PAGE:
What Brown doesn't want you to know is that where the Bush tax cuts are concerned, he has repeatedly voted against the people of Massachusetts - and for the interests of millionaires.

During a December 2010 debate on extending the Bush tax cuts, Brown twice voted against amendments to keep the Bush tax cuts for the middle class, but end them for households making over $250,000 a year. In the same debate, he also voted against an amendment to keep the Bush tax cuts for the middle class, but end them for people making over $1 million a year.

Brown's other actions have likewise made it clear that he cares more about millionaires than working people. Brown voted to filibuster a resolution proposing that "any agreement to reduce the budget deficit should require that those earning $1,000,000 or more a year make a more meaningful contribution to the deficit reduction effort."

So 16 months before standing before the business leaders of Massachusetts, declaring a crisis and calling for a special session to prevent "taxmageddon," Brown voted three times for the interests of the wealthy rather than compromises that would extend the Bush tax cuts for the middle class. This fits with behavior we've repeatedly seen from Senator Brown: call for Congress to do something about an issue and then go down to Washington, D.C., and either waffle or vote for special interests.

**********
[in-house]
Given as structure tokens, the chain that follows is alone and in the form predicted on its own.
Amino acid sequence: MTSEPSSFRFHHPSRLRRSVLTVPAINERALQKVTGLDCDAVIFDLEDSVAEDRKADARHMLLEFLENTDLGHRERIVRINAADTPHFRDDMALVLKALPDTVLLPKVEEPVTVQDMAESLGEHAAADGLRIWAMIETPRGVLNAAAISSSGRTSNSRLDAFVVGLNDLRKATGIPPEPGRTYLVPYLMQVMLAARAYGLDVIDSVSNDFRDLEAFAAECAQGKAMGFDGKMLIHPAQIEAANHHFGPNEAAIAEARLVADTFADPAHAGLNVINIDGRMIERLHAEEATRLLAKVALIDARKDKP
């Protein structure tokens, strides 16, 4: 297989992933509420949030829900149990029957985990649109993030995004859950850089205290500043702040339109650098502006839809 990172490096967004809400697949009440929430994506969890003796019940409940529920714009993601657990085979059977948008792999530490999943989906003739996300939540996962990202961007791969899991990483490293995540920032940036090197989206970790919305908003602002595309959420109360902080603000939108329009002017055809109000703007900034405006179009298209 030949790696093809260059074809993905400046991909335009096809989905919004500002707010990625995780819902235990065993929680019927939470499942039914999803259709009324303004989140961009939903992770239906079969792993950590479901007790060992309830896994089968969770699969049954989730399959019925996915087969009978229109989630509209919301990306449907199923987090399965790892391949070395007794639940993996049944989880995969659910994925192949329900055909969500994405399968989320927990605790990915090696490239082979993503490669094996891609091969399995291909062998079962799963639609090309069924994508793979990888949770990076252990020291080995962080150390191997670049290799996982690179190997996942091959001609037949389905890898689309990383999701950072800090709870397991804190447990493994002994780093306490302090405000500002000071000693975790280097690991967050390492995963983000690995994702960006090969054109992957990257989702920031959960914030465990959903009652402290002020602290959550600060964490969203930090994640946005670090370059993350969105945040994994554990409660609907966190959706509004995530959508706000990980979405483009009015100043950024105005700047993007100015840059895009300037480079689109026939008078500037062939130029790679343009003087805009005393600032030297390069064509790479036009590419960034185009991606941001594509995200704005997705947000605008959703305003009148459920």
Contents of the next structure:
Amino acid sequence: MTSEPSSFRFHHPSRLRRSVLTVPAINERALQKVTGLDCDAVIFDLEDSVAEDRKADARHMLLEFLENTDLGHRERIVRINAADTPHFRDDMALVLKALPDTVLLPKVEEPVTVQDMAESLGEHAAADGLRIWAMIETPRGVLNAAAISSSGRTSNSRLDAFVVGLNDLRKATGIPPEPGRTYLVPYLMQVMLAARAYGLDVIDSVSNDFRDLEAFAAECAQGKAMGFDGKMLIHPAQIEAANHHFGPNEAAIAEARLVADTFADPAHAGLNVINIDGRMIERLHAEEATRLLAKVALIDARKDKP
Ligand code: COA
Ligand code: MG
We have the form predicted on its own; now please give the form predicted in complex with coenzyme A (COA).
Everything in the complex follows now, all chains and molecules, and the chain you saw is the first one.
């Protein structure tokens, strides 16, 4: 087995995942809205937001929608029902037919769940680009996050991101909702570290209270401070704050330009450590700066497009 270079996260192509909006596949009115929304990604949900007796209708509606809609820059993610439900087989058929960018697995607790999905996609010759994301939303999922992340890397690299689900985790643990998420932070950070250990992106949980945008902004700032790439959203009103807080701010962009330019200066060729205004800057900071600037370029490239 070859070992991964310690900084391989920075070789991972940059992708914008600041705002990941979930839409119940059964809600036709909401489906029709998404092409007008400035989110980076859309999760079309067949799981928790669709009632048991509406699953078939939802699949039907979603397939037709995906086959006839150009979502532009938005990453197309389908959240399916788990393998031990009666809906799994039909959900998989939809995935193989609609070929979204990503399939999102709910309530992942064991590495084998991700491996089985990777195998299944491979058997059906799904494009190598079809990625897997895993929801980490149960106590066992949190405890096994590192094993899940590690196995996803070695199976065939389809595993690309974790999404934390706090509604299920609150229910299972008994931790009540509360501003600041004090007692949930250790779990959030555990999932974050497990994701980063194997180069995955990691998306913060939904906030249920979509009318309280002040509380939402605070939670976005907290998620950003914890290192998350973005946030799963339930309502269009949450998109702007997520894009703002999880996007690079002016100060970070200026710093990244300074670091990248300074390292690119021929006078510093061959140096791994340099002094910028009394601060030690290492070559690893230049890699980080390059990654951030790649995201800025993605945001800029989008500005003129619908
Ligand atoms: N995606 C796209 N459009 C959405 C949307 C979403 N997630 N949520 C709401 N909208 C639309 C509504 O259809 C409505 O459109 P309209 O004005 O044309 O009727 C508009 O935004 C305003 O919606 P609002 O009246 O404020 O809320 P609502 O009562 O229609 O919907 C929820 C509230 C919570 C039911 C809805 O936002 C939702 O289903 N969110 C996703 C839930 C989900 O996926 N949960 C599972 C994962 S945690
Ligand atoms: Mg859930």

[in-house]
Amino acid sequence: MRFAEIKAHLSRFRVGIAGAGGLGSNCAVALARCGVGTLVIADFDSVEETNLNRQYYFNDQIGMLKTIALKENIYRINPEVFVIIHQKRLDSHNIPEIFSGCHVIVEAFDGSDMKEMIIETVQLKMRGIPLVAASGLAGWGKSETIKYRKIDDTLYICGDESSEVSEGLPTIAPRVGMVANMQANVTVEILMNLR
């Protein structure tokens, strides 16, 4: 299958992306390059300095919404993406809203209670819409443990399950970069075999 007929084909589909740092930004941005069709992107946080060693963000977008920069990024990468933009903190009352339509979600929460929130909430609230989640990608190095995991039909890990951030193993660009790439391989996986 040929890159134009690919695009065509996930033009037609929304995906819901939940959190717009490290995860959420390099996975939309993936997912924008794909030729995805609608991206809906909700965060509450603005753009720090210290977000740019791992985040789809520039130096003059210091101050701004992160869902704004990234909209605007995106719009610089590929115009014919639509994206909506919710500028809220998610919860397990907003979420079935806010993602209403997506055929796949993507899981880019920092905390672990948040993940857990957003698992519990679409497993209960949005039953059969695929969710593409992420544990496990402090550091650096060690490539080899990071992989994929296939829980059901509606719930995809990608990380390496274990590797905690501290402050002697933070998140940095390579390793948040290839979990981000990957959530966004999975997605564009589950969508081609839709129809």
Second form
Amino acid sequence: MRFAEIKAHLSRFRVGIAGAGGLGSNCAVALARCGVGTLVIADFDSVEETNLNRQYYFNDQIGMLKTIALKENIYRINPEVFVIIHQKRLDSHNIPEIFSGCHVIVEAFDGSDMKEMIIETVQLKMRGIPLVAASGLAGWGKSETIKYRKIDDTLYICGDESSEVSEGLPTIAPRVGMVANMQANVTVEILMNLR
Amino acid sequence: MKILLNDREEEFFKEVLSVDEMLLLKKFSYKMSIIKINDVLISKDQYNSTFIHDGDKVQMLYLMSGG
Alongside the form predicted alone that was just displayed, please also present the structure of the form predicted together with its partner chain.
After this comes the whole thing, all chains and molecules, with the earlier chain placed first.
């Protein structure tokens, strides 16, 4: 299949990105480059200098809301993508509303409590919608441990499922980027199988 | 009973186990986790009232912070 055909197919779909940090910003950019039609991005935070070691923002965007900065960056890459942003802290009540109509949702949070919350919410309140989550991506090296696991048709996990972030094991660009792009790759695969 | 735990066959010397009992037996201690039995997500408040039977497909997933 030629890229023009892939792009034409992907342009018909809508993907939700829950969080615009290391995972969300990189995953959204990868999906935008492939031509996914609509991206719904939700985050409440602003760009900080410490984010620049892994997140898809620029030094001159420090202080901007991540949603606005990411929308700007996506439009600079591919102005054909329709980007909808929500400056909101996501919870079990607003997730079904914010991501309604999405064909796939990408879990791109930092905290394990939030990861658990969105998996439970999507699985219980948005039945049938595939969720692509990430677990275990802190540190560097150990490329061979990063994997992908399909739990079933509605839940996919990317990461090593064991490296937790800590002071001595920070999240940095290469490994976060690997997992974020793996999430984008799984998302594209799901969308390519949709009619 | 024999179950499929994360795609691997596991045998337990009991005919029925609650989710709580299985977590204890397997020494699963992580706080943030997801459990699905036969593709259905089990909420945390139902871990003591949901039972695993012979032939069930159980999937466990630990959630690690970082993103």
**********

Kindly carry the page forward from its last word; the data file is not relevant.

We have a question for Scott Brown: If Congress did what you wanted and gaveled in a special session and there was a compromise bill that would extend the Bush tax cuts for 98 percent of Americans but asked those who make more than $250,000 to pay a bit more, would you vote for it or would you seek to filibuster it again? Is it more important to you to make sure the rich pay less or that you actually try to help the middle class?